Liverpool needed a response to their unexpected midweek defeat to Red Star, and it came – not in the form of a thrilling, rambunctious, free-flowing battering of the Premier League’s bottom club, but with Jurgen Klopp’s continuing experimentation with a new formation.
Liverpool have played 4-3-3 for much of Jurgen Klopp’s tenure, a formation that has made them irresistibly devastating at their best, but erratic and unpredictable at their worst.
Signing Virgil Van Dijk and Alisson has largely helped ameliorate the negatives, despite a couple of hairy moments for the new goalkeeper, but Klopp is looking to shore things up yet further with a switch to a 4-2-3-1.
The 2-0 win over Fulham served as the German’s latest tactical laboratory, with Fabinho and Georginio Wijnaldum the double pivots behind Xherdan Shaqiri, Roberto Firmino and Sadio Mane, with Mohamed Salah up top in an out-an-out striker role.
There were plenty of occasions during a flat but comfortable win when you wondered whether it was really getting the most out of the Liverpool front four. With Firmino often pushing up alongside Salah, it left Mane and Shaqiri to drop deep to receive the ball, limiting Mane’s opportunities to race past a defender to receive through balls.
Meanwhile, as Salah showed with his impeccably-taken goal, he is at his best when cutting in from the right onto his favoured left foot. But his central striker berth meant he was forced to receive the ball on the left more often than he would ideally like.
But the trade-off Jurgen Klopp is banking on with the tactical switch is three-fold. It puts the skilful Roberto Firmino into a number 10 role to bridge the gap between midfield and attack that has so often been an issue for Liverpool this season; it allows Klopp to get Shaqiri into the attack without sacrificing any of last season’s front three to make room; and with two dedicated central midfielders, Liverpool’s shape in attack is much less likely to be caught on the break.
The lattermost of these points would have seemed most pressing for Liverpool last season (though ironically this shape actually means less pressing): they shipped three goals to Sevilla, Real Madrid, and Arsenal, four to Tottenham, and five to Manchester City, albeit all but Madrid coming in the first half of the season, before the addition of Van Dijk in January.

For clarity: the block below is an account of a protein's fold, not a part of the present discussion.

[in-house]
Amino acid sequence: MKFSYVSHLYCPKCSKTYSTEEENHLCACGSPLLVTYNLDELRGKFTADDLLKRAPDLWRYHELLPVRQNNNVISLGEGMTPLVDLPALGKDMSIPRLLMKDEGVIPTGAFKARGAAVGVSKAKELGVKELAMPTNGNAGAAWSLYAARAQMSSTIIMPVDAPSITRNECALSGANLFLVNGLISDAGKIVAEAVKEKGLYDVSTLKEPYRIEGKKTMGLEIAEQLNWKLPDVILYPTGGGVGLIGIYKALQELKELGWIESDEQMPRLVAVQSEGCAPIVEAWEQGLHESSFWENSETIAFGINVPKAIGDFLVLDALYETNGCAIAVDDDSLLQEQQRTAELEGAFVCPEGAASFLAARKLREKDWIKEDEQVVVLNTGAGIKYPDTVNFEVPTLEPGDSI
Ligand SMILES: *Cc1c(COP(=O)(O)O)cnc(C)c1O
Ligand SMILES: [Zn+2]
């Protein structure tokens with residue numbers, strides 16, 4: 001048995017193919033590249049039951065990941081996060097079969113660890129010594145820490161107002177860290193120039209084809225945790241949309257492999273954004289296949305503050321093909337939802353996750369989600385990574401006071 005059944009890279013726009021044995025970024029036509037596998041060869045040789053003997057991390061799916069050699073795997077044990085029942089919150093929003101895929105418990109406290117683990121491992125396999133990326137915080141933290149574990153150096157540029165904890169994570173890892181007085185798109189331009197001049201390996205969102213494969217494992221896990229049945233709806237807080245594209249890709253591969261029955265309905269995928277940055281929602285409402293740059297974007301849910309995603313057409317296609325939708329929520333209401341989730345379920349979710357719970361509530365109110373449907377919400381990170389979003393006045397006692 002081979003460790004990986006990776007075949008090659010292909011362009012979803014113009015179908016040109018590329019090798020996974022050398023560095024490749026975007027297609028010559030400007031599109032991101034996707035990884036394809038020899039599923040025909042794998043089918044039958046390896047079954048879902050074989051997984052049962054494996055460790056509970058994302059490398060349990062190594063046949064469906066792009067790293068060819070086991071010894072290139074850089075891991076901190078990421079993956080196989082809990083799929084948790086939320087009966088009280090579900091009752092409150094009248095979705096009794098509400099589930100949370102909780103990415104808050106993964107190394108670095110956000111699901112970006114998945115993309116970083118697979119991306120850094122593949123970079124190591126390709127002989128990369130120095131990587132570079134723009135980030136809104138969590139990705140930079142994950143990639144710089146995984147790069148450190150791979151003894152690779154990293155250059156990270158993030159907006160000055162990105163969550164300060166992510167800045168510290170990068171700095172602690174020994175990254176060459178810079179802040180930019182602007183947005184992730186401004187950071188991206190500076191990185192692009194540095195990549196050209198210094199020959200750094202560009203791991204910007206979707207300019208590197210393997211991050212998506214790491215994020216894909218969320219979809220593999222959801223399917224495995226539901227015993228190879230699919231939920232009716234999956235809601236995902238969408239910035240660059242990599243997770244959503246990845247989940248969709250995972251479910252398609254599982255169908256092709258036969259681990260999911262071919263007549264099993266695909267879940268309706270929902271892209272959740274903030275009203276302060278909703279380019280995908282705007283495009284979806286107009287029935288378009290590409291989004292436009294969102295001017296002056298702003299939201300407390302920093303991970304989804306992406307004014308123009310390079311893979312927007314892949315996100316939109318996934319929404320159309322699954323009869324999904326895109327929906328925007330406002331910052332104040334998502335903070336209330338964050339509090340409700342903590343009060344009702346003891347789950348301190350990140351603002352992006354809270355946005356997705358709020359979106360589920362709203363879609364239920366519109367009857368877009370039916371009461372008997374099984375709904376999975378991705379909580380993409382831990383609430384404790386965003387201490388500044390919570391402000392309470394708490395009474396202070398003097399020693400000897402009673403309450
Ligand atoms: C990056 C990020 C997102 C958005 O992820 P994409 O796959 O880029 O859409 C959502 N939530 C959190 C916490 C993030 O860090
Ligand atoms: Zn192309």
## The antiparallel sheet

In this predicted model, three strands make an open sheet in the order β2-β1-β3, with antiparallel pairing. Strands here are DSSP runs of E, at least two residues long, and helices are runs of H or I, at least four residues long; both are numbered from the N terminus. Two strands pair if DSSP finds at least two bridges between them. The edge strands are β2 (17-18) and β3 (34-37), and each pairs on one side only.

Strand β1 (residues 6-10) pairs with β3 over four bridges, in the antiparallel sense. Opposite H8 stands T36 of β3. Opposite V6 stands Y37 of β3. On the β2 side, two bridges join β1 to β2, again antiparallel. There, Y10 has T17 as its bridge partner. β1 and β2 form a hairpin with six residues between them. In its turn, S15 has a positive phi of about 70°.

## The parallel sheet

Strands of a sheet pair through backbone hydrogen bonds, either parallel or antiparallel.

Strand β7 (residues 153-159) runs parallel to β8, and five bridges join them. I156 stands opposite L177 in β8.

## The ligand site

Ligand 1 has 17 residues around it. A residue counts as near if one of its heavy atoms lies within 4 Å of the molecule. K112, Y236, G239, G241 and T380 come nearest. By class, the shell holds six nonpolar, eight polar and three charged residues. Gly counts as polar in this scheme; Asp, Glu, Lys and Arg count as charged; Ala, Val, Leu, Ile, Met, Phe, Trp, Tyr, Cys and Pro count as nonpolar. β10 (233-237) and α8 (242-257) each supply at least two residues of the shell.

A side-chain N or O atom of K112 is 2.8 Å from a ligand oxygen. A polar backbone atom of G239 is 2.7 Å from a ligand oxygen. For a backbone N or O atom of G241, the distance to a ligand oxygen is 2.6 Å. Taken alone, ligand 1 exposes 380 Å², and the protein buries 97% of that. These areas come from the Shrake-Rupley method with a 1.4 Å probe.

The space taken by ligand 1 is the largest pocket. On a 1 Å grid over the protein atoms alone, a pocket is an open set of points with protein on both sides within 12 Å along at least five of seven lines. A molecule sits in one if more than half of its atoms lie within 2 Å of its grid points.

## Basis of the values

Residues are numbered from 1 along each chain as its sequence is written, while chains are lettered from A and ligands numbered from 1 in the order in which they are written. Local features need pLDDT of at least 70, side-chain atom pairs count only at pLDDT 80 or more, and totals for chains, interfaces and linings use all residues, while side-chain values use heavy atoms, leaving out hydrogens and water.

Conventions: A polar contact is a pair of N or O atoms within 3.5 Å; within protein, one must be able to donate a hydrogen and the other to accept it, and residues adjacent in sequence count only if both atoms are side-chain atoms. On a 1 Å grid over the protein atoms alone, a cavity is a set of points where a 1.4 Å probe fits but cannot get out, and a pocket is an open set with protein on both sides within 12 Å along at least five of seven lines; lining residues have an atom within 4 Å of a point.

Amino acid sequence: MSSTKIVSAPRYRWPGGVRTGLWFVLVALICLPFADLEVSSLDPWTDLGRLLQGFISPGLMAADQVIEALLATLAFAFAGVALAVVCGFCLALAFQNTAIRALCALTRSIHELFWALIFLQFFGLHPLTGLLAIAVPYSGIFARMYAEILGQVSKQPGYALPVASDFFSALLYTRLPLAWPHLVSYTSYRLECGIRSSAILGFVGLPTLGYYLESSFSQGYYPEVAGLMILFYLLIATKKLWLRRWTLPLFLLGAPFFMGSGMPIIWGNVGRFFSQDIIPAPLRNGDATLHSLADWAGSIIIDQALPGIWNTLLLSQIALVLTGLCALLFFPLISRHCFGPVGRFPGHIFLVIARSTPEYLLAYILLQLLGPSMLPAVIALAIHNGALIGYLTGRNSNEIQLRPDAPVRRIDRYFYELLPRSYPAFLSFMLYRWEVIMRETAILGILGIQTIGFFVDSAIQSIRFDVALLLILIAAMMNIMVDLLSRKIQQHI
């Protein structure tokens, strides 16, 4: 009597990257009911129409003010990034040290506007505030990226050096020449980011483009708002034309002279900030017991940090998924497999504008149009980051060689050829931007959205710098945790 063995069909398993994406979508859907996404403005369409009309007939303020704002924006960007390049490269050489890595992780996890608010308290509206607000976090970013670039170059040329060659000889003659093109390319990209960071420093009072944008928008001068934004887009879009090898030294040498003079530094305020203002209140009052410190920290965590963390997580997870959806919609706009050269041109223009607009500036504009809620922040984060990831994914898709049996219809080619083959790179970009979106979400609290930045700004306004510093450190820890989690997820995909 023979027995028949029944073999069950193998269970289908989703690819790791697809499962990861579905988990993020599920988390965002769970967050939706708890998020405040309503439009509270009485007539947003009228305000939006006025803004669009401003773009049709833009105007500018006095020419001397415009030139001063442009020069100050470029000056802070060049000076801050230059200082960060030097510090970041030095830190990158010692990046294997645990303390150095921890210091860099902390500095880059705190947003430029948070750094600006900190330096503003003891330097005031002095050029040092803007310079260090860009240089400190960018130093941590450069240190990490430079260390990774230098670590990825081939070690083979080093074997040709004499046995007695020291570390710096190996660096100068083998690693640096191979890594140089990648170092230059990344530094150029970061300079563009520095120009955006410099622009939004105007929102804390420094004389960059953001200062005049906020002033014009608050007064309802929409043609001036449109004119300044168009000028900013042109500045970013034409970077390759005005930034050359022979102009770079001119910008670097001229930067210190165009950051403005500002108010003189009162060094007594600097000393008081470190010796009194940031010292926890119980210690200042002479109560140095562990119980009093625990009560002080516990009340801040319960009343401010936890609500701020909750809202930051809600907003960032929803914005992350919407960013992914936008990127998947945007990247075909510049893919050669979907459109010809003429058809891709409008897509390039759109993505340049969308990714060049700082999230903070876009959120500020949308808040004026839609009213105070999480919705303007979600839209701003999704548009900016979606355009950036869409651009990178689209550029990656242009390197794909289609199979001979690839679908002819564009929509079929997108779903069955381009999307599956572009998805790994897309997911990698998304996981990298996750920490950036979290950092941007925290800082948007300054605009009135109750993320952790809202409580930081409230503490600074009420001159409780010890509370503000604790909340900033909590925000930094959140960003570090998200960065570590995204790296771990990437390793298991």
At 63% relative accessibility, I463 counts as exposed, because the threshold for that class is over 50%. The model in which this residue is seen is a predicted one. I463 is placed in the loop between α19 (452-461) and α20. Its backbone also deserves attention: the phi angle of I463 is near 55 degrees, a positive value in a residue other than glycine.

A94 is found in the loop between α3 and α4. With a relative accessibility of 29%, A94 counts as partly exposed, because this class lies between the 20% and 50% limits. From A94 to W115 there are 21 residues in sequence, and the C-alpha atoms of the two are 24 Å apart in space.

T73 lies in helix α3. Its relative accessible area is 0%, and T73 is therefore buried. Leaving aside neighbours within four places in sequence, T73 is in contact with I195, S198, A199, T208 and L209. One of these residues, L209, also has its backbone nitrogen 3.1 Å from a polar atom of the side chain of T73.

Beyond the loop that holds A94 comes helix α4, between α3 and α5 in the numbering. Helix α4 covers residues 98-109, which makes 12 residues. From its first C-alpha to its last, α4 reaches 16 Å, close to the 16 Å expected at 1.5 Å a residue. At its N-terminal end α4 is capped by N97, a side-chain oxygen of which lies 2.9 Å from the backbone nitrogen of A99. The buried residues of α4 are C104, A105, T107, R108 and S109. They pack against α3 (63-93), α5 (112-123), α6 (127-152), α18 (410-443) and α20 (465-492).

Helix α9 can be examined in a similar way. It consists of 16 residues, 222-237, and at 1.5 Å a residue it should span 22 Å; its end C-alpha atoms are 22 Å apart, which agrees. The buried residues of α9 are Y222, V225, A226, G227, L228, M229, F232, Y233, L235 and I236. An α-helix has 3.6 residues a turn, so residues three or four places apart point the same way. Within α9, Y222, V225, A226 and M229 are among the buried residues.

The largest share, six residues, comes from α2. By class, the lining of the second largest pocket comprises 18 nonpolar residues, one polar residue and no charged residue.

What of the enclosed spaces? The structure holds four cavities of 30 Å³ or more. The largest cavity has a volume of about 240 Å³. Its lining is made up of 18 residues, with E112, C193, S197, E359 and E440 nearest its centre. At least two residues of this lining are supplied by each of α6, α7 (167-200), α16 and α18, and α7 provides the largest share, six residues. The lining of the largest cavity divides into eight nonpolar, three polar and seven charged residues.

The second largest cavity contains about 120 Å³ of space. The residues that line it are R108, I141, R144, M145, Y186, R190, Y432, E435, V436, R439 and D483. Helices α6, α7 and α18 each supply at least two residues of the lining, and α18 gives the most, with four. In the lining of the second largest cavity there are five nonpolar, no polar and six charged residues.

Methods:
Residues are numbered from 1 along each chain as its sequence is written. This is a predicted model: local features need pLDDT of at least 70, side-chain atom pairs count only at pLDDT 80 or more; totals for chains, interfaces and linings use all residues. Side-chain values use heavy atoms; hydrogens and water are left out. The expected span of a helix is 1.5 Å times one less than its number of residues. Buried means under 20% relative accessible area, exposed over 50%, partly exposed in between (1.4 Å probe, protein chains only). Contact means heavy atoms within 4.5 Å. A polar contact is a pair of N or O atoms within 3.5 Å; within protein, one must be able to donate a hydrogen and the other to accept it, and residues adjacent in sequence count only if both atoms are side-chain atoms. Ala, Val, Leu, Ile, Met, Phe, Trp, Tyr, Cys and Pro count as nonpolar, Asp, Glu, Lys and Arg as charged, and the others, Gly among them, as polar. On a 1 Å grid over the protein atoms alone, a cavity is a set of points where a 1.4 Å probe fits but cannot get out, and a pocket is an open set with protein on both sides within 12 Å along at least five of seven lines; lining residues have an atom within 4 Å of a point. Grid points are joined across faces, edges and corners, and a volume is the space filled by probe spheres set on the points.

Yet despite those issues, Klopp has chosen to switch to the new 4-2-3-1 in just four games this season: at home to Cardiff, Southampton and now Fulham in the league, and in the 4-0 home win over Red Star, also at Anfield.
Respectfully, those fixtures do not especially stand out as games that require an extra degree of defensive solidity – particularly when you consider that the draws in the intervening games against Chelsea, Manchester City and Arsenal all came in the familiar 4-3-3, as did the 2-1 win away to Spurs and the 3-2 win over PSG that immediately preceding Klopp’s first dalliance with the new formation, the 3-0 win over Southampton.
It will be interesting to see whether Klopp continues this trend (open and attacking against the big sides, more structured against the Premier League’s strugglers), if this system is a way of conserving energy that waned badly at points towards the end of last season (think of the late-season draws against relegated duo West Brom and Stoke), or whether he intends to move into the 4-2-3-1 as his first-choice formation, and has simply used some of the easier games on Liverpool’s fixture list to test, hone and perfect the new system.
Such a routine victory over a badly-struggling side is not the greatest occasion to draw any meaningful conclusions about the new system’s efficacy, particularly when the first goal came while Fulham were still recovering from a curtailed celebration for a marginally-disallowed goal. But Klopp will be pleased that he has been able to give it a fourth airing – and build a little more familiarity – without it having cost him any points thus far. The unbeaten start continues.
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